Once again, the gaping moral void at the heart of Britain's democratic institutions has been laid bare. Our self-appointed moral guardians have, yet again, been caught out breaking the rules for their own profit. Despite all their fine words and lofty claims to serve the public, they have, blinded by greed, forsaken their moral responsibilities in pursuit of naked self-interest.
We all know how this story unfolds: the progressive drip-feeding of relevations, the shift from thin-lipped denial to red-faced excuse, the scapegoats, the forced apologies, the promises to reform and self-regulate. How long before we hear the same sad chorus again: "the problem was the system", "I believed it to be within the rules", "the proper authorities approved it so I felt it must be alright", "it was part of the culture"? How long before we see junior or unpopular figures publicly fired while the charmed inner circle merely apologises?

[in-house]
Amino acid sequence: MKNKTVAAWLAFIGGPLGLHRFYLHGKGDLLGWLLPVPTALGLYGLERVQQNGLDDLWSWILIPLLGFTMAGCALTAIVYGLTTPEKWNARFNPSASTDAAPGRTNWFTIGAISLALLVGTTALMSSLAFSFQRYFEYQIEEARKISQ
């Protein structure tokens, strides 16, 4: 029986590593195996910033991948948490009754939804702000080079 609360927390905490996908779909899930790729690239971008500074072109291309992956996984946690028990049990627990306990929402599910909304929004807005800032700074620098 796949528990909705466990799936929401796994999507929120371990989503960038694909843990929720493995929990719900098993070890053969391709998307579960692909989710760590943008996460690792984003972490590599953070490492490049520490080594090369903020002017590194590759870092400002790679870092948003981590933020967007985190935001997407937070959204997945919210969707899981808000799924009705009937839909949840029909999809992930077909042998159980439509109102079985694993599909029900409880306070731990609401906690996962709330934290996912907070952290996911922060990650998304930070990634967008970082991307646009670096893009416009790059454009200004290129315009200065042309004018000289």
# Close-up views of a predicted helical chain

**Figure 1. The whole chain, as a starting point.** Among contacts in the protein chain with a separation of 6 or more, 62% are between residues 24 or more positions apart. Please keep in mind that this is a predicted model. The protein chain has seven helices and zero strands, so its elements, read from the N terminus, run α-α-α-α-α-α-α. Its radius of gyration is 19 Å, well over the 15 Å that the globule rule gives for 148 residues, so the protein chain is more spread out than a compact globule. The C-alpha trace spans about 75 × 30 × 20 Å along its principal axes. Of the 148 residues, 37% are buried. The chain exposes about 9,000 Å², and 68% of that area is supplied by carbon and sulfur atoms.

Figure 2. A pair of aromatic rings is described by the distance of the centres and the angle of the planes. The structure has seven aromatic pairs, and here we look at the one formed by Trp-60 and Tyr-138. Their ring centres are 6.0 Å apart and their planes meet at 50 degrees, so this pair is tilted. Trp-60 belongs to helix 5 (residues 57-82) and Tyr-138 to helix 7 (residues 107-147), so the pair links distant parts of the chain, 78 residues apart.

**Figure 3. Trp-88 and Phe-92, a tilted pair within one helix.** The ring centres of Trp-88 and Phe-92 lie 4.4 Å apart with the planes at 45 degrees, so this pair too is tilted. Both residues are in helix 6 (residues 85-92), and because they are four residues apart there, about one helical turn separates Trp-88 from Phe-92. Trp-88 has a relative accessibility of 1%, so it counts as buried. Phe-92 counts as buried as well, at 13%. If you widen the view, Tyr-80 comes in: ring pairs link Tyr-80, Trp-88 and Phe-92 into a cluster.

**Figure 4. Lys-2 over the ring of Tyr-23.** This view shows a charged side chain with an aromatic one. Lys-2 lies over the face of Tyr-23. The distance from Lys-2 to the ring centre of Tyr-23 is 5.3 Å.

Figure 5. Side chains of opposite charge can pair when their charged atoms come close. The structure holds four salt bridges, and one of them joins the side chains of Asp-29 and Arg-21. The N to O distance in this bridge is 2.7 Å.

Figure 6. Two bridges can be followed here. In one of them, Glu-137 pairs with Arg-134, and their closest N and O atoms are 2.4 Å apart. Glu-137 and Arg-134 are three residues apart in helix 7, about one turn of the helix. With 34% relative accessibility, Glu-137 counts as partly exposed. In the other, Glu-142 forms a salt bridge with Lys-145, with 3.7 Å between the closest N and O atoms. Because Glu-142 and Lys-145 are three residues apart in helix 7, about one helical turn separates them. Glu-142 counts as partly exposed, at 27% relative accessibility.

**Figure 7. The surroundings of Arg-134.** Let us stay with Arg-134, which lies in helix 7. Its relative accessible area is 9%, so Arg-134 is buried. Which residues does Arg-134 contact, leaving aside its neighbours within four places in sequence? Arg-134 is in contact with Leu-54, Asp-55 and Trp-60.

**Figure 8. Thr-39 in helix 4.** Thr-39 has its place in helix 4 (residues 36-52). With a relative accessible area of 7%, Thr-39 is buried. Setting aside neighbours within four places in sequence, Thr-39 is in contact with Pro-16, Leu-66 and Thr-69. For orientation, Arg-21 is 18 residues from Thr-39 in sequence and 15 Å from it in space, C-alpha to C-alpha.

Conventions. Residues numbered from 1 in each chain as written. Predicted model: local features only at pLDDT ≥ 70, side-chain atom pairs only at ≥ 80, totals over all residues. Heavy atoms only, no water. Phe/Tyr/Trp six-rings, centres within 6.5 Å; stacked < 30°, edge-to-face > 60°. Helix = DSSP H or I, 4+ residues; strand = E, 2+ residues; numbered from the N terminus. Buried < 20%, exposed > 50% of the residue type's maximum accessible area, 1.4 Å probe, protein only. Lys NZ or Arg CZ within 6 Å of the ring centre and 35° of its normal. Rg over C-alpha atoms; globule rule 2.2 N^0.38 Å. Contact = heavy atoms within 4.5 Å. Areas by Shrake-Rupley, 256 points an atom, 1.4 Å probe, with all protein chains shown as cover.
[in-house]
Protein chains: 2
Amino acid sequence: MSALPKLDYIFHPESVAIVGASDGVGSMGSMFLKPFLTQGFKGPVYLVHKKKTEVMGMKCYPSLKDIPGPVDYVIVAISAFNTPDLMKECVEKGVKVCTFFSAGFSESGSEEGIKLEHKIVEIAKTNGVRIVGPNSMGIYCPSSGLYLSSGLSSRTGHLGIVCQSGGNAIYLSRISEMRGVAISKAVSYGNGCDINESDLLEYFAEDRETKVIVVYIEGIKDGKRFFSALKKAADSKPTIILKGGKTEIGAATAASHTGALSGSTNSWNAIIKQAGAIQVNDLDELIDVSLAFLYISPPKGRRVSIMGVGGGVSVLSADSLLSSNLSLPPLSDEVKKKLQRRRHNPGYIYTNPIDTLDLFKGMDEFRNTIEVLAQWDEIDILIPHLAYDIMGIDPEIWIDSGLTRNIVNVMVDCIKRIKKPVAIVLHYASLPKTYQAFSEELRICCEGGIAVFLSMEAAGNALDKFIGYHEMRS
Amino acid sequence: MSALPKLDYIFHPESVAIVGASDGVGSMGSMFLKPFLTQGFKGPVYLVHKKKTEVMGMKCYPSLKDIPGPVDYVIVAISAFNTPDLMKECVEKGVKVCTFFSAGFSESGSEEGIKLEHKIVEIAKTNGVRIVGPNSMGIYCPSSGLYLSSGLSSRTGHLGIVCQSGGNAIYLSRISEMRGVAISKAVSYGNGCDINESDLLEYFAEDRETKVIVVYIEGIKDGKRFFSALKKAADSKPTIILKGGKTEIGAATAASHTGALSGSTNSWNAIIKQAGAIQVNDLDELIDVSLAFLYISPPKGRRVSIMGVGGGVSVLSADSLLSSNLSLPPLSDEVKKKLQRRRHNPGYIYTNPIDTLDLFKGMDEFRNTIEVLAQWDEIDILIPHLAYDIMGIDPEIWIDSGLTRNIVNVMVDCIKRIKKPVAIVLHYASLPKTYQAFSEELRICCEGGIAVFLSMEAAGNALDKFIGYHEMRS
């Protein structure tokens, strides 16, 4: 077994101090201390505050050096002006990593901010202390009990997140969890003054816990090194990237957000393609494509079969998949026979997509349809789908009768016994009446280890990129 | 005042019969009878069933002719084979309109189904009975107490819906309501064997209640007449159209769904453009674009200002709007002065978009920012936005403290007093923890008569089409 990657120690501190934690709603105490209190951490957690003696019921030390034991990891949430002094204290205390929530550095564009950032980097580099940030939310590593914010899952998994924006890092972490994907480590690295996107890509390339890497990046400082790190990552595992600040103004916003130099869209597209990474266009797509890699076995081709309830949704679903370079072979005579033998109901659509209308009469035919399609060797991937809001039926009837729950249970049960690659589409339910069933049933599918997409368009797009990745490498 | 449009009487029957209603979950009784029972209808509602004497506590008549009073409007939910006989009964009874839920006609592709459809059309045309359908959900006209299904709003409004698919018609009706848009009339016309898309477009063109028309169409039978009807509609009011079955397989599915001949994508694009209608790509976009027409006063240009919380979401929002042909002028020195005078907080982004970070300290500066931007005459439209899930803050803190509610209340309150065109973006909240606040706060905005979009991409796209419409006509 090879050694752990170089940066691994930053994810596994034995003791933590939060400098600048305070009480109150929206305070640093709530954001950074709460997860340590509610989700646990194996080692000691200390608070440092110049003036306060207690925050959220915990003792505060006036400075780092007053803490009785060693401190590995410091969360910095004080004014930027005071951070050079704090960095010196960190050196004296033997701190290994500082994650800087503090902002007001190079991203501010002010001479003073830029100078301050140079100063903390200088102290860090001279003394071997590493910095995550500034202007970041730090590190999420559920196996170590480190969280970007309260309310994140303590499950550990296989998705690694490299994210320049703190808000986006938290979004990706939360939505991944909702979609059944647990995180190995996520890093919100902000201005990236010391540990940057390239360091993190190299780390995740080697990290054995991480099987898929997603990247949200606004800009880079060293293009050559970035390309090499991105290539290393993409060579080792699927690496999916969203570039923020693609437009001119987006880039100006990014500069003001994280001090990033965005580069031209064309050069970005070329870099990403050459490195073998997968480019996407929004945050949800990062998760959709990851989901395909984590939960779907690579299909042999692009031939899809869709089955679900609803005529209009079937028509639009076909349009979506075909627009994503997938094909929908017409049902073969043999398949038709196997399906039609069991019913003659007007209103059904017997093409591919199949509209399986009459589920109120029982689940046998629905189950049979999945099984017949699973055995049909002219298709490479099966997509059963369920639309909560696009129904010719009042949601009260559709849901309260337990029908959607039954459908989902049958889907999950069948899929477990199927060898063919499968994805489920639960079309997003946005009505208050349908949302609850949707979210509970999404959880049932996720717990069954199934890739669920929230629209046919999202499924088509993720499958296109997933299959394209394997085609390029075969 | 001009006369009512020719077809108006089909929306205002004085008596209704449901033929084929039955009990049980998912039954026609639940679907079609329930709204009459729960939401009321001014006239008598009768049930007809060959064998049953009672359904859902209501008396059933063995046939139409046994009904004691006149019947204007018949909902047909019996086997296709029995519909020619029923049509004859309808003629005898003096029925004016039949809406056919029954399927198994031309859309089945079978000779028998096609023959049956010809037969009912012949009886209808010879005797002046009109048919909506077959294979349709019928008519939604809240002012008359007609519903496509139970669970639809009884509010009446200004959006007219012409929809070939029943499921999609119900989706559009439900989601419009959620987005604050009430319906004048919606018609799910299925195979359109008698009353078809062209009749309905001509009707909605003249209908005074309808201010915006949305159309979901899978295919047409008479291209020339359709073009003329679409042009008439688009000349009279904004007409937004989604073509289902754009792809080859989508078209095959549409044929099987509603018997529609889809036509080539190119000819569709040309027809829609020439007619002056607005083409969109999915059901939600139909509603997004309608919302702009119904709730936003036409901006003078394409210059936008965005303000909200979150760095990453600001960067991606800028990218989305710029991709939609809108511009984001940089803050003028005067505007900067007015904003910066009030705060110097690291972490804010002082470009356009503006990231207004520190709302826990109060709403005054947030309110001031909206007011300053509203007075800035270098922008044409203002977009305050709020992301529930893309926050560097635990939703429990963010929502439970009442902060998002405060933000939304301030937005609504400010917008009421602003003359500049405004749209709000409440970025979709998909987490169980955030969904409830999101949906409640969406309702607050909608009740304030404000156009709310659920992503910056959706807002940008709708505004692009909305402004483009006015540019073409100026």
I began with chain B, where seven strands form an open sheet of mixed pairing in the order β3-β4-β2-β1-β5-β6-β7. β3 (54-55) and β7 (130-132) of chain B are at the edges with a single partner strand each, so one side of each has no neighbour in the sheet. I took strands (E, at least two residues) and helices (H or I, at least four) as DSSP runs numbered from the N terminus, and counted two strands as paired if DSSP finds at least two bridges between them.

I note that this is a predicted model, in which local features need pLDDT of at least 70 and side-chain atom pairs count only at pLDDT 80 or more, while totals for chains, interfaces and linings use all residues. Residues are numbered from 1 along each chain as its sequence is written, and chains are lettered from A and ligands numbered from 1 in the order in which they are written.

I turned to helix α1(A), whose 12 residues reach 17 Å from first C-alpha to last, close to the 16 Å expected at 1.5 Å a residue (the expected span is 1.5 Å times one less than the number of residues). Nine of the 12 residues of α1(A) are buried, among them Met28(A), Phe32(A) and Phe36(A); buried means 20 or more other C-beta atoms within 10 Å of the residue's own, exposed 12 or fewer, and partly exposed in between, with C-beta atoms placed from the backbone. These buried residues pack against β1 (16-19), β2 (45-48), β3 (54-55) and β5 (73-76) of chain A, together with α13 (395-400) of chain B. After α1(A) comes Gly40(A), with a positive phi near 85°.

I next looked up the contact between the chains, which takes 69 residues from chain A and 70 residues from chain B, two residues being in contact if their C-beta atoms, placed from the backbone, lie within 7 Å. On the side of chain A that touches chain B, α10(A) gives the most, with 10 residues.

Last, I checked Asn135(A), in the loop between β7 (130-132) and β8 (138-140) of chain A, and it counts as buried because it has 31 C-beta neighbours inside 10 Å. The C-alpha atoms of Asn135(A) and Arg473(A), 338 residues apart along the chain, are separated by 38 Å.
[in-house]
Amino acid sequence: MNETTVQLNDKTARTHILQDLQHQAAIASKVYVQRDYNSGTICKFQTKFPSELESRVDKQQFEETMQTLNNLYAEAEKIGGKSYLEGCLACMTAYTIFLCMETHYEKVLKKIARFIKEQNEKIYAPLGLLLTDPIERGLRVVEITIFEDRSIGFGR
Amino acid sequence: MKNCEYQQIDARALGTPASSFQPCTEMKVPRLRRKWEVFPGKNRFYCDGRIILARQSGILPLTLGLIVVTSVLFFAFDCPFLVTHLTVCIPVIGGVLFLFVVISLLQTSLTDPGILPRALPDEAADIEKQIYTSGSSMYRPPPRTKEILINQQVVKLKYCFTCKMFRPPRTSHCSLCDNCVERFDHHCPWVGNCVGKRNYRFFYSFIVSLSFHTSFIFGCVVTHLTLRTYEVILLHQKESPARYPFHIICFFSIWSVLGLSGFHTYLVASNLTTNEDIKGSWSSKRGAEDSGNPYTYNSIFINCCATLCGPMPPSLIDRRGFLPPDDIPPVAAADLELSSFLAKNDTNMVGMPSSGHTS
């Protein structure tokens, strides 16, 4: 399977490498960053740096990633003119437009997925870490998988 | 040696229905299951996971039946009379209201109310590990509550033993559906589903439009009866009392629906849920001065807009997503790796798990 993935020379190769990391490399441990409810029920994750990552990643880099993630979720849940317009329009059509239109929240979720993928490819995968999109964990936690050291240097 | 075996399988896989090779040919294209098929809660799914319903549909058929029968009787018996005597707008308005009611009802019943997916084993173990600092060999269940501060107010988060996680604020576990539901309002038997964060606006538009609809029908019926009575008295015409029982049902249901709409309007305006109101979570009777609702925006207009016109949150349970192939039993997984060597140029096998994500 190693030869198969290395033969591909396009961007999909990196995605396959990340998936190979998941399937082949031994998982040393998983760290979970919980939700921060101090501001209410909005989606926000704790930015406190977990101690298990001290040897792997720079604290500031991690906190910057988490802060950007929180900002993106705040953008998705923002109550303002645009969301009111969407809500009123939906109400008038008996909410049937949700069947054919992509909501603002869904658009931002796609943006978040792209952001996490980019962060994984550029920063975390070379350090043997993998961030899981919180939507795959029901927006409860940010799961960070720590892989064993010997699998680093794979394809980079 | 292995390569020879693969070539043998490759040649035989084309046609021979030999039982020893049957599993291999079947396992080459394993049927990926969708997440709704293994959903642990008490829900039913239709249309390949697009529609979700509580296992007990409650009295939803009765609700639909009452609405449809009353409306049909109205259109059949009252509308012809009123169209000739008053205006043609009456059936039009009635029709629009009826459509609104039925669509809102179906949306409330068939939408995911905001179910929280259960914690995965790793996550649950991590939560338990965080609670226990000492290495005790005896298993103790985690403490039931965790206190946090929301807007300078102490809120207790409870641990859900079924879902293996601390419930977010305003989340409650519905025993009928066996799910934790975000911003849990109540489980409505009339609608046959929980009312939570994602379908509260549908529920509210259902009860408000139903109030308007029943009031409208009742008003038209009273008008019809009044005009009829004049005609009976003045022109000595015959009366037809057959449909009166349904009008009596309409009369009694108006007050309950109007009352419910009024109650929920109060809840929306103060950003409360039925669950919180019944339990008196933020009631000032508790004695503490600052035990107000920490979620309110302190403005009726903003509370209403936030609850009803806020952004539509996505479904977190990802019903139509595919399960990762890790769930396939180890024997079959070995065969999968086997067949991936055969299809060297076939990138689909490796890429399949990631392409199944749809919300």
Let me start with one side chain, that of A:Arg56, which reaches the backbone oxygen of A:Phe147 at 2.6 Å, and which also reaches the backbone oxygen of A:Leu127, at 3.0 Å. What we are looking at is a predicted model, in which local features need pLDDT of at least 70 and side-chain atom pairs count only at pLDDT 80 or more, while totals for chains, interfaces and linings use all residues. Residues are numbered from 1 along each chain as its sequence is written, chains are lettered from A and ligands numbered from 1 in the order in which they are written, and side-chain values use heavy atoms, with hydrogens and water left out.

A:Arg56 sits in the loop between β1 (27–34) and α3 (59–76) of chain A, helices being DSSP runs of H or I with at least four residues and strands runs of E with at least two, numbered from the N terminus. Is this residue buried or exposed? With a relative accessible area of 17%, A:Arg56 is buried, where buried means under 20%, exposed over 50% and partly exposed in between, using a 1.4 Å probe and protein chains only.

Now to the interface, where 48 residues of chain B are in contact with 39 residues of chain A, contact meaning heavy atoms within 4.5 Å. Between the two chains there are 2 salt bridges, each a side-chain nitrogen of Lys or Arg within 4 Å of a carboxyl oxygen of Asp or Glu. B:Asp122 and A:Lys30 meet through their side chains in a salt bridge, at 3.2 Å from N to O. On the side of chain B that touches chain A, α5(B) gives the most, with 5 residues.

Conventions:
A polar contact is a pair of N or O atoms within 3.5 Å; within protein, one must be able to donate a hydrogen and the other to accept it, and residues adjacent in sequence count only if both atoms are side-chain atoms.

Now, more than ever, such false contrition will not be nearly good enough. A scandal such as this demands the resignation of senior leadership figures, if only to demonstrate that lessons have been learned. Moreover, the era of self-regulation must surely be over. The time has come for root-and-branch reform of an outdated system; the era of the gentleman's club is over. Our democratic process demands a new, independent and effective watchdog which can exert genuine control over those who would abuse their power.